I came back from my walk after listening to the podcast interview of Charles Koch, and I was fired up. He left me with a quote from Abraham Maslow, “What you can be, you must be.” This gave me the idea to go deep, to think deeply about answering the question:
How did I achieve my God-given potential?
This brought me back to my childhood. I never think about these early experiences and how they began to shape my character. How these experiences, some as early as seven years old, put me on the path to achieve my God-given potential.
It all started in first grade.
I attended St. Paul’s Catholic School in Jersey City. In those days, we used to have hour-long lunch breaks. When the lunch bell rang, we were all shuffled into a room the nuns called the lunchroom. It was just a room with tables and chairs. There were no cooking facilities. We each brought our paper bag containing whatever our moms packed for lunch. We would eat as fast as we could then head for the playground.
My first lessons in life were in the schoolyard.
The schoolyard was a fenced in area fifty yards square. Upon release, we demonstrated our new-found freedom by chasing each other around. This eventually turned into a game of tag.
We drew a line with chalk at each end of the schoolyard. We always had a bunch of kids who wanted to play. As I remember it, three kids were chosen to be outside the lines. We called these kids the “you are it” kids. Their mission was to tag a kid who was running from one line in the schoolyard to the other. The kids running, the free kids, were tasked with avoiding getting tagged. If you got tagged then you were “it,” and the kid that tagged you became one of the free kids trying to avoid the tag.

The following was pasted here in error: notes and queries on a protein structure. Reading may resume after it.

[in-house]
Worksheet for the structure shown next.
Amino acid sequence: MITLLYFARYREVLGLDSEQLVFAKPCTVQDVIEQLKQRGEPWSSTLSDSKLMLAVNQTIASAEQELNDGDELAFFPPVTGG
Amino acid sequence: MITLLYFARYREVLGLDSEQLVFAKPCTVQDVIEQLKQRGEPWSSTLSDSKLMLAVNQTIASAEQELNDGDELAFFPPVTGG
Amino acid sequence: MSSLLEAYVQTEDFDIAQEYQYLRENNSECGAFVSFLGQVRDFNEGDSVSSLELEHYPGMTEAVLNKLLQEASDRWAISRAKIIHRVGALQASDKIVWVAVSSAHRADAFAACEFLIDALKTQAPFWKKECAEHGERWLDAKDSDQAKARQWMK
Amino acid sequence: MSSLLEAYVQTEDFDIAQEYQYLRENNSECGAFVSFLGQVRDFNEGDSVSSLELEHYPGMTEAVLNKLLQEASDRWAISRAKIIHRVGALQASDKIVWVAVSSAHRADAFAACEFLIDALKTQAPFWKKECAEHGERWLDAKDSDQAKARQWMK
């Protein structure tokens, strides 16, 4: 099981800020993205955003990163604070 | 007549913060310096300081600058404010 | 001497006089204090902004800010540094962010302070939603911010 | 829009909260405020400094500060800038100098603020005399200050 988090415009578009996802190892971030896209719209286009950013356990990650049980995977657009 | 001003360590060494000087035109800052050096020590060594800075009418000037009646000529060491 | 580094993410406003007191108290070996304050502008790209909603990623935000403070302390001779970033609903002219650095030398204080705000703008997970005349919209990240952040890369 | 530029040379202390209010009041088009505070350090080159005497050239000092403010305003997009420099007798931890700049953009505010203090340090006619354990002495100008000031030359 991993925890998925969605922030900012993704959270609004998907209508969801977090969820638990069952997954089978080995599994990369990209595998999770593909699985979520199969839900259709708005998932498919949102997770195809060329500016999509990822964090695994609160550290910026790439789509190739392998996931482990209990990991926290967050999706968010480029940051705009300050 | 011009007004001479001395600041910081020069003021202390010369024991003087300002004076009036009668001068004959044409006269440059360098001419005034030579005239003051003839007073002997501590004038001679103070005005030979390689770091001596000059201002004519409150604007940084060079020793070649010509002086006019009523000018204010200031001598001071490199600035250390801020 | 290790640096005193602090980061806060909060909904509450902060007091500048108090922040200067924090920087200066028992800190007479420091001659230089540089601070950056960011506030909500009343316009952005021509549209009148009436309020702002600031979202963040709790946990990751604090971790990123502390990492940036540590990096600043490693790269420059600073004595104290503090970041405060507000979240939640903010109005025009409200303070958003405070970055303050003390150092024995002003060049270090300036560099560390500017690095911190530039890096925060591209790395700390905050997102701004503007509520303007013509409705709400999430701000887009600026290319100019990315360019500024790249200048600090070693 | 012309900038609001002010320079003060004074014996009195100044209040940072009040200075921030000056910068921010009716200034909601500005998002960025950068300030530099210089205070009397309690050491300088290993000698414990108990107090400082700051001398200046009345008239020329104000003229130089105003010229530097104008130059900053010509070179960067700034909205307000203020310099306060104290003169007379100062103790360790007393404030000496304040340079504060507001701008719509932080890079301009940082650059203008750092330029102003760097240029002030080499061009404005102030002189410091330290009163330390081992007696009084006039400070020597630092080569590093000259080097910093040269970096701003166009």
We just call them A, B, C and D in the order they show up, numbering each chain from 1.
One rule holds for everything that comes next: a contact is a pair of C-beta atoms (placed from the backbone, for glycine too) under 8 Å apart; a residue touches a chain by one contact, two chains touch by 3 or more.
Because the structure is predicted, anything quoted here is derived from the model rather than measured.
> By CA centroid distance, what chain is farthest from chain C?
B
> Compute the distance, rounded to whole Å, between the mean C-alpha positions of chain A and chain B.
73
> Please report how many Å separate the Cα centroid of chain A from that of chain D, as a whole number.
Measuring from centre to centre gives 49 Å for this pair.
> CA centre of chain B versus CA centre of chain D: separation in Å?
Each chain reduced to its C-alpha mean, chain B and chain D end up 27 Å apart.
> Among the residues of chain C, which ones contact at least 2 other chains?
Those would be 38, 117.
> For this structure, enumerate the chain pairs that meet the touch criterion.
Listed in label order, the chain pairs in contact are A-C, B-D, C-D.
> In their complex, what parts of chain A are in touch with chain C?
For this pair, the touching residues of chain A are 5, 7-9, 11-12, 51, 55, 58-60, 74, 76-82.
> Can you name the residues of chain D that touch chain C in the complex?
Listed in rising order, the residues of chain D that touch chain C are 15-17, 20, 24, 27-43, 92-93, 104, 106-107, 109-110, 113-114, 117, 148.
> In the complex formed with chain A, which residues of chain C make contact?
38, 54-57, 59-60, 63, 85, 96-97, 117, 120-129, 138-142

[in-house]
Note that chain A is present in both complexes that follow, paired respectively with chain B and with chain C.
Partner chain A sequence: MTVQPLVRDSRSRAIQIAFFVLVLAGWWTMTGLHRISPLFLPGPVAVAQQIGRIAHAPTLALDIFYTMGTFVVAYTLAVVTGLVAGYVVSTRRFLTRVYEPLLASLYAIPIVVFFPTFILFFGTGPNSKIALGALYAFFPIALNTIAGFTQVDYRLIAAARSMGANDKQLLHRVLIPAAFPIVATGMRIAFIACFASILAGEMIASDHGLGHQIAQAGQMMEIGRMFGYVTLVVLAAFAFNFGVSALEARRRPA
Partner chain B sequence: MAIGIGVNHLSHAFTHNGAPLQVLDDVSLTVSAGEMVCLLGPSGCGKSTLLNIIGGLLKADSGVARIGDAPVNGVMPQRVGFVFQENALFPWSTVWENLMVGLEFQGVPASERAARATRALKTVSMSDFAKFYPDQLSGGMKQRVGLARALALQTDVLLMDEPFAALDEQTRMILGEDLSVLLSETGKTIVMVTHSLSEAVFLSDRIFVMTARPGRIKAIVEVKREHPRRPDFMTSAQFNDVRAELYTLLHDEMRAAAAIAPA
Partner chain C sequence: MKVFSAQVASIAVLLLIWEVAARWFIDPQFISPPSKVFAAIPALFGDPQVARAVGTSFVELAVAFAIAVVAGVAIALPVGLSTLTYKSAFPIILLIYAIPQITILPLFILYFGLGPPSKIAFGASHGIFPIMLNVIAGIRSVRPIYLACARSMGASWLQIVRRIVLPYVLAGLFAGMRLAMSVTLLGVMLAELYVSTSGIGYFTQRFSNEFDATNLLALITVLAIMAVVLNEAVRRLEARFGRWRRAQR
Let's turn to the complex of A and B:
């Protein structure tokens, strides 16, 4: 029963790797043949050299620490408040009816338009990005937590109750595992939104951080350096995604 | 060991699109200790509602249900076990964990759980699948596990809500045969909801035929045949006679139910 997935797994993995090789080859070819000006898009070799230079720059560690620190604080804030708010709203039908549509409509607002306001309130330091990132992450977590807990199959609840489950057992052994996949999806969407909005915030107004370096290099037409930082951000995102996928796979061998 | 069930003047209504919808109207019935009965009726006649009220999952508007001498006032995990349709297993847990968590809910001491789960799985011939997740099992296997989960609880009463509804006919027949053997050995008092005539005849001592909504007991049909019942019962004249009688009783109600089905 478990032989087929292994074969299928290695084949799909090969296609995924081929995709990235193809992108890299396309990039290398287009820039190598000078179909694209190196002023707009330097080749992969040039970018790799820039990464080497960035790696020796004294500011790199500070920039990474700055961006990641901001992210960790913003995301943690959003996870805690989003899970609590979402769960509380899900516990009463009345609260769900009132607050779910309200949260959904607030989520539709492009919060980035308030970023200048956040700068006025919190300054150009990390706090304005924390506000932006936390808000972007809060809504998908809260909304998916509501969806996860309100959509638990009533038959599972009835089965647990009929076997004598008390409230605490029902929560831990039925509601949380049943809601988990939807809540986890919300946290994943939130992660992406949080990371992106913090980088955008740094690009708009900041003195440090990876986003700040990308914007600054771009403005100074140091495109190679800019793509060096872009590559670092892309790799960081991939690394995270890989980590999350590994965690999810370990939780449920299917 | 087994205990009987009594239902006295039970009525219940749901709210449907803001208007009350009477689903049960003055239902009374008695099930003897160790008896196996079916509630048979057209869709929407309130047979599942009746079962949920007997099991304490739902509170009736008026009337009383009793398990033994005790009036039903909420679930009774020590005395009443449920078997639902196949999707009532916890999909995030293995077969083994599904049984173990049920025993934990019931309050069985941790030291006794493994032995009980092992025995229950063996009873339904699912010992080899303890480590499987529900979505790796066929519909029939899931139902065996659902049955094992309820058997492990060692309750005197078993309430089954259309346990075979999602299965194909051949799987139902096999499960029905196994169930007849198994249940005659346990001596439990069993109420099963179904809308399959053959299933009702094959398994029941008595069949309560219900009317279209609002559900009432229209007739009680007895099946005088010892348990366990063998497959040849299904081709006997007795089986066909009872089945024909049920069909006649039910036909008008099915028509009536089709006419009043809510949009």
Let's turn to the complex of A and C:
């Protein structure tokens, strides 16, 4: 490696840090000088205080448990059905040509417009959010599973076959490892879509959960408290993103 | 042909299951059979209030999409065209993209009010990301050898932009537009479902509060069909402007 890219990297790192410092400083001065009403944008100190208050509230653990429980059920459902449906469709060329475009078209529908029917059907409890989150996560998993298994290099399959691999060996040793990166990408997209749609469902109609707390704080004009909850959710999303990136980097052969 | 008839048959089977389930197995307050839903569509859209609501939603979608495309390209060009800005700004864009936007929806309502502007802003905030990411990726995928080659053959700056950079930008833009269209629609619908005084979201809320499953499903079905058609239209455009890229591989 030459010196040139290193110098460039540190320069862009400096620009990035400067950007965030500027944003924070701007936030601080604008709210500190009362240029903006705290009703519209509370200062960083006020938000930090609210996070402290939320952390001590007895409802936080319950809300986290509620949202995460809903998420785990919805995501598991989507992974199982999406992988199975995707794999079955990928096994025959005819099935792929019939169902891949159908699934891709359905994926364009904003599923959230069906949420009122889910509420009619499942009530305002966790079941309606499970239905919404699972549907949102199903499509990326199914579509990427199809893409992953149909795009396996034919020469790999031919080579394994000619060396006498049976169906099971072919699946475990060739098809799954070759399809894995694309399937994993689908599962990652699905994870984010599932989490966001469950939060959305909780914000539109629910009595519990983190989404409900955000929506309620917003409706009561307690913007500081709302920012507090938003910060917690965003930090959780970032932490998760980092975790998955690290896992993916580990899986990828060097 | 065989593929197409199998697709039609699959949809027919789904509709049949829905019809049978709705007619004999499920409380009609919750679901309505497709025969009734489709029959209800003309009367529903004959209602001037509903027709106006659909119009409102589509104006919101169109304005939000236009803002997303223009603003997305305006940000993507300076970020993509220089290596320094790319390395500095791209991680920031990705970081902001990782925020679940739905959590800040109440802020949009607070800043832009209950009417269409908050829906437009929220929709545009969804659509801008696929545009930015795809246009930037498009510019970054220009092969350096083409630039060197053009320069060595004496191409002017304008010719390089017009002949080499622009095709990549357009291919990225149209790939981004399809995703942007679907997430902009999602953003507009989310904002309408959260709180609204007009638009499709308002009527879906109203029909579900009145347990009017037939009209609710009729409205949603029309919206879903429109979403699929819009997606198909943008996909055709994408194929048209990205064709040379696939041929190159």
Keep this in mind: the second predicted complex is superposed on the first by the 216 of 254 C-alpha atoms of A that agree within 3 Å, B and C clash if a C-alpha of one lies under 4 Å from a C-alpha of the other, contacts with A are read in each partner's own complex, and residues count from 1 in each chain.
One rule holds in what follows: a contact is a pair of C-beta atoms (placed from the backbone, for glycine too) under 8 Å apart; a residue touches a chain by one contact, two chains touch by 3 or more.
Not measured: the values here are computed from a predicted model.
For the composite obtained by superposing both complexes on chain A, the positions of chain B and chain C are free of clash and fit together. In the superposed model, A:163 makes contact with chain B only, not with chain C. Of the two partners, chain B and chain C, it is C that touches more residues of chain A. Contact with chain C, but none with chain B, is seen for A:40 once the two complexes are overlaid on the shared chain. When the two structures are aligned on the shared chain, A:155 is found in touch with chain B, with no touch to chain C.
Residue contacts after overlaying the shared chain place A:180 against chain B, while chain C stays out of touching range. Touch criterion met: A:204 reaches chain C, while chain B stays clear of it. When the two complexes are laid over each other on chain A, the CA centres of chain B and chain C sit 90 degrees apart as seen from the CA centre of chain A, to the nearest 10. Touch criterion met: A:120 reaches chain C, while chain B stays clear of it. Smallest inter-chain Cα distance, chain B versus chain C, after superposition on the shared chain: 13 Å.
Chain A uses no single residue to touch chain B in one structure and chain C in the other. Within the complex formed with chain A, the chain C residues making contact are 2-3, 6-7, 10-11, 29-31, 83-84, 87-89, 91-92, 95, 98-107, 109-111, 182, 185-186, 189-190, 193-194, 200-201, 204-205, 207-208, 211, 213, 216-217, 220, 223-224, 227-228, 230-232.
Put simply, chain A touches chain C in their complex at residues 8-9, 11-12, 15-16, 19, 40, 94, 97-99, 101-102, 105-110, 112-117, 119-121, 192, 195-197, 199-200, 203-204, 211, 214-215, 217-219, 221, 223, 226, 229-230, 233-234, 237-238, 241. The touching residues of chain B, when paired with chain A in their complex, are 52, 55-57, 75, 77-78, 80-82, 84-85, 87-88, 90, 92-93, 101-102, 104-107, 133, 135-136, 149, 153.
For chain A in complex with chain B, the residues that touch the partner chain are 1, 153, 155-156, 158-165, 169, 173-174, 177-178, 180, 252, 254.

I learned three really important life lessons from this simple game of schoolyard tag.
I had a gift other people didn’t have. I was fast. Really fast.
I rarely if ever got tagged. If I did, then I was so fast that I wasn’t “it” for very long. I had speed and agility, and I had the moves. If you were fast enough to get close to me, I’d juke you and be gone!
I learned I was very competitive.
I loved to run. It was freeing. As I look back, I realize my motto was, why walk when you can run. I ran everywhere.
This simple game of tag gave my running purpose. There was an objective and there were rules. There were winners and there were losers. I always wanted to be the winner. I wanted to be the best and now I knew how to measure that. Don’t get tagged. And if tagged, tag someone else really quickly, so you can return to the rest of the group and run free.
I figured out if I avoided being tagged for the entire game, that made me the best at this game. Knowing this, I rarely, if ever, got tagged. I wanted to be seen as the best at whatever I did by my friends.
I learned strategy.
Some of my friends were as fast as I was. Other friends were clever.
The fast friends would focus on the kids who were slower and go right after them. They would chase them down. Tag them and be done with being “it.”
The clever friends, who weren’t all that fast, would watch me out of the corner of their eye. They would appear to be going after another kid. Just as I was speeding past, they would turn their attention to me and tag me. Smart.
Other free kids would wait until a herd of kids would leave the safety of the line and head to the other side of the schoolyard. They figured they could hide in the middle of the pack and never get tagged. But the smart “it” kids figured this one out, too. They would focus on one kid and not be distracted by the herd of kids.
Simple life lessons from a simple life game.
- I have gifts other people don’t have.
- I am competitive. I like to compete and win.
- I have a strategy for winning and so does everyone else.
Learning this at seven years old gave me what I needed later in life. I used these simple lessons to begin achieving my God-given potential. It’s amazing what I learned as a seven year old.
What I can be, I must be!